I hope you have a wonderful day and that all your flowers bloom and each time it rains you can see them grow by inches… I’m having a No Mow April to go with my No Mow May … I loved it last year!  





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163 Responses to SPECKS ➡️ . ..

  1. Magdalena Mikulska says:

    Hello Susan. Wish you wonderful April

  2. Annette says:

    You touch my heart and inspire me❣️

  3. Karen Courtney says:

    Thank you again, Susan for another sweet Willard. I send you my best wishes for a blessed, bountiful, beautiful birthday on Friday.

  4. Barbara Thomas says:

    Thanks for the suggestion of A Gentleman in Moscow. I absolutely loved it! What a marvelous. Easy to read book. His writing just draws you visually into the story. I watched the first 2 episodes on tv last night as well. I love Ewan MacGregor in this role.
    Happy Spring! Barbara

  5. Kim H Carter says:

    Happy April Susan and Happy Birthday on Friday! April 12 is my birthday too and the last one in my 60’s! I’m going yarn shop hopping with my best friend from first grade and we’re having a fun lunch in an old farmhouse turned restaurant. I’m so excited. Hope you have a fun special day too!

    • sbranch says:

      Happy Birthday Kim, yours sounds perfect. I’m going with Joe and we’re taking a friend up to Boston for a procedure she needs … one of my oldest friends, so I’ll spend the day with two of my beloveds and wallow in whatever happens to us in the adventure of being off island!!!💝

  6. Debbie Boerger says:

    Oh, Joy! Just opened and read this new Willard. I always need several readings to digest all the thoughts. Lots of them.
    This is a Major day for me!! I got my first hearing aids!! They are just wonderful. Not that I’m terribly hard of hearing. Speaking of Being Thankful!!! I’m so very thankful I can have these without having to get a mortgage on the house!! They are $$$, but being able to hear the first Hermit Thrush in our woods in Maine, the owls at night, the Spring peepers, the little fox kits running rings around our house at night…little “Yip, Yips”, the early morning boats on the bay….Can’t wait!!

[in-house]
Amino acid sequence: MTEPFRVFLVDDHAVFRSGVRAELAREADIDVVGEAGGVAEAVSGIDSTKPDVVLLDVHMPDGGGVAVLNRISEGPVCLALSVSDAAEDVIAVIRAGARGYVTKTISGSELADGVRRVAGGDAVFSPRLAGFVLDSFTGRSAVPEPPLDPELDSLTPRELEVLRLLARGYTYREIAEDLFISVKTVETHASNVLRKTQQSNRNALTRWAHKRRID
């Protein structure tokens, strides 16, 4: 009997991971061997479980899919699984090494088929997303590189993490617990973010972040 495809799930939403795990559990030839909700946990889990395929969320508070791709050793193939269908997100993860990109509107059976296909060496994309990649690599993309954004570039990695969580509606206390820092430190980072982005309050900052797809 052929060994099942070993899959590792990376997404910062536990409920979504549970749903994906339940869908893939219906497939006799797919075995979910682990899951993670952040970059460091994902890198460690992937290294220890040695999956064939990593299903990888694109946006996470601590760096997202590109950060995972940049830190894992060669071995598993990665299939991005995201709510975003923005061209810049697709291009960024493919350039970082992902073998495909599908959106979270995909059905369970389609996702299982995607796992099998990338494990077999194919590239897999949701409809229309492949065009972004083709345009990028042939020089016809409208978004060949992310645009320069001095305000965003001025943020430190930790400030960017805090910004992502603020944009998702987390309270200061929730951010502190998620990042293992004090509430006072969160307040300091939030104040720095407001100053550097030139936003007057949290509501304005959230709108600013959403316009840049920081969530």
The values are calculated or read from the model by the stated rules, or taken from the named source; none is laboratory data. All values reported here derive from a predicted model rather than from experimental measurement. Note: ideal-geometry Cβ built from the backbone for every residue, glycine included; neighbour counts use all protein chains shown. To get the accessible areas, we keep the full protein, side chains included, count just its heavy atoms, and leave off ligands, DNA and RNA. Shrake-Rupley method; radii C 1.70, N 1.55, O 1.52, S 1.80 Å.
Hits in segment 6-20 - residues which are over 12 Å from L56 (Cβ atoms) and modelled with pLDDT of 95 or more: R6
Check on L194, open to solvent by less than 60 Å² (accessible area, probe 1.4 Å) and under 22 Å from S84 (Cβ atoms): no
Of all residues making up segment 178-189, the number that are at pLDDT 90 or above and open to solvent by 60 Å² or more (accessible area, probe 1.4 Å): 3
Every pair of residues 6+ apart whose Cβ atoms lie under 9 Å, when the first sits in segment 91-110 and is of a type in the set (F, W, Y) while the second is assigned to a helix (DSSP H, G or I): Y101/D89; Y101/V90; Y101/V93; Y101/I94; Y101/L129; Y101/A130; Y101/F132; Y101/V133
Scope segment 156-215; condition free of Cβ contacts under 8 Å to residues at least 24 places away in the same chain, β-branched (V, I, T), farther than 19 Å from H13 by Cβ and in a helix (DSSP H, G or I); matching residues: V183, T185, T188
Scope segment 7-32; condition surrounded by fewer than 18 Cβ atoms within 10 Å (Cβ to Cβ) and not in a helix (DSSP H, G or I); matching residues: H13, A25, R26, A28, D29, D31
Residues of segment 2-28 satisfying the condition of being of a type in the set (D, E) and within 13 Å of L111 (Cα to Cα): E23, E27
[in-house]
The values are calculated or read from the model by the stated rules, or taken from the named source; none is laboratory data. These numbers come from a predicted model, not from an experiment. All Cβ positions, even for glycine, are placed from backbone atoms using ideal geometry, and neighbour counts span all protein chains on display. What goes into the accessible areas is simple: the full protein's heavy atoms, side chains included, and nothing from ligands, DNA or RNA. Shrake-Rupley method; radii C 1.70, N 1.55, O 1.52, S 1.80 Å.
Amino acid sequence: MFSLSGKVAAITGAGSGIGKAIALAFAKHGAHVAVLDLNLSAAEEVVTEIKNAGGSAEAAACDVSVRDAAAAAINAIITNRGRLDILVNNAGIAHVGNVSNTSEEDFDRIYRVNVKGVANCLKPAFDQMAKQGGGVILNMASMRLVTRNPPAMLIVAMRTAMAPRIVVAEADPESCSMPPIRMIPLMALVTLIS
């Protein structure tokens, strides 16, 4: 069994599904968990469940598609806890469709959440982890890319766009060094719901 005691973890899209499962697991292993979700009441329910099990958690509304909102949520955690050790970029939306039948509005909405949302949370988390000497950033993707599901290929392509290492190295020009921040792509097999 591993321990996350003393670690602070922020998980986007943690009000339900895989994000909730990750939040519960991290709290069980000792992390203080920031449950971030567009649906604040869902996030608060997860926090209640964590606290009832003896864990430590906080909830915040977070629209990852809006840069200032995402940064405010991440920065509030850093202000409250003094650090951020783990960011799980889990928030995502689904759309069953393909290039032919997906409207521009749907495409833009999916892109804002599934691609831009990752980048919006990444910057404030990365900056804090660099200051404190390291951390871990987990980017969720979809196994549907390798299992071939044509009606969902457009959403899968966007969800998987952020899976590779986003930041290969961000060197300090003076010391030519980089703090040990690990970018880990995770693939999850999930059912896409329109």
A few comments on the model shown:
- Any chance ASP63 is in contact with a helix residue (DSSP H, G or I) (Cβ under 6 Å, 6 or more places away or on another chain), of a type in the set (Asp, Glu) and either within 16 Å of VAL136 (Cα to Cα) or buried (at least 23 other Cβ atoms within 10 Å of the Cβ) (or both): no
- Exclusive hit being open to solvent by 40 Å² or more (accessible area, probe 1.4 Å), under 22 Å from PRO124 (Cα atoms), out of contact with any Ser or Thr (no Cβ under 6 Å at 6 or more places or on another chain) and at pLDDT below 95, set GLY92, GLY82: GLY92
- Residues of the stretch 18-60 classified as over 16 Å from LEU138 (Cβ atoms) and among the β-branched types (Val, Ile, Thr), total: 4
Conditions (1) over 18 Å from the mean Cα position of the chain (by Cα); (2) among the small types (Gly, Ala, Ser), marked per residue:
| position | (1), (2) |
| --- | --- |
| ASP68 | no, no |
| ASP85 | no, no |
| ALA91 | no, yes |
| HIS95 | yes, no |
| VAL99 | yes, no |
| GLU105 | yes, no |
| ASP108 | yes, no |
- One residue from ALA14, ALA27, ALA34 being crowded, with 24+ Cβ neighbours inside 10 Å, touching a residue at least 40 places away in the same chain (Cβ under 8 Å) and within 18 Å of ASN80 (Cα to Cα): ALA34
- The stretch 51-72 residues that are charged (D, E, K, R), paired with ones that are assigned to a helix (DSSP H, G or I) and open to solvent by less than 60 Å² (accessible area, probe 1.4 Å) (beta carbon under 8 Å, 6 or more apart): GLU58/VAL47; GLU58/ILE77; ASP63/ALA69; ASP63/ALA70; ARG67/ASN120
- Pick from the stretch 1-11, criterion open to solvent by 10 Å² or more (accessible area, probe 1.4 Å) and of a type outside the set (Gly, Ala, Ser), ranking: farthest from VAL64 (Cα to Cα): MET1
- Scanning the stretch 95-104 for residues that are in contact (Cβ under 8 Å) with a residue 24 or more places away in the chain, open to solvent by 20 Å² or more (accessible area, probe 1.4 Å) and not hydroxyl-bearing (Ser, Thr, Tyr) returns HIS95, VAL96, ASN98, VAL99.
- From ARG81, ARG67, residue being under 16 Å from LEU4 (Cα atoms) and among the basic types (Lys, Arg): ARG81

If I were to inherit Big Money (not likely), I’d set up a fund for people who need, but cannot afford, hearing aids, glasses, dentists, doctors when they need them. I’ll bet there is a place here where one can do that!!!
    The lovely audiologist said she’s not in 20 years of practice had a client who was so totally over the Moon about getting these. Laughed all the way to Tom’s favorite cafe where we splurged on big, juicy cheeseburgers. We had the covered patio all to ourselves, water trickling over the rocks, huge carp in the pond, lovely palm trees and a very persistent squirrel. 😉 Been going there for over 40 years. Anyone visiting South Tampa, It’s at the Tahitian Inn on S. Dale Mabry.
    Thank you, Sweet Lady, for your thoughtful words. While an eclipse is Awesome, I find the night sky in Maine, especially in Winter, so breathtaking, I find myself teary-eyed. Or maybe in June when there are so many fireflies that they blend together with the stars in points of light.
    Mucho Grande Love and Thanks,
    Debbie in Tampa

  7. MJ in MI says:

    The eclipse was a wonderfully unifying event (didn’t expect that bonus) — and a heavenly reminder of the many fundamental things the inhabitants of our country and world share. Hope the feeling lingers! Thanks for yet another thoughtful read and happy spring ☔️☀️🌷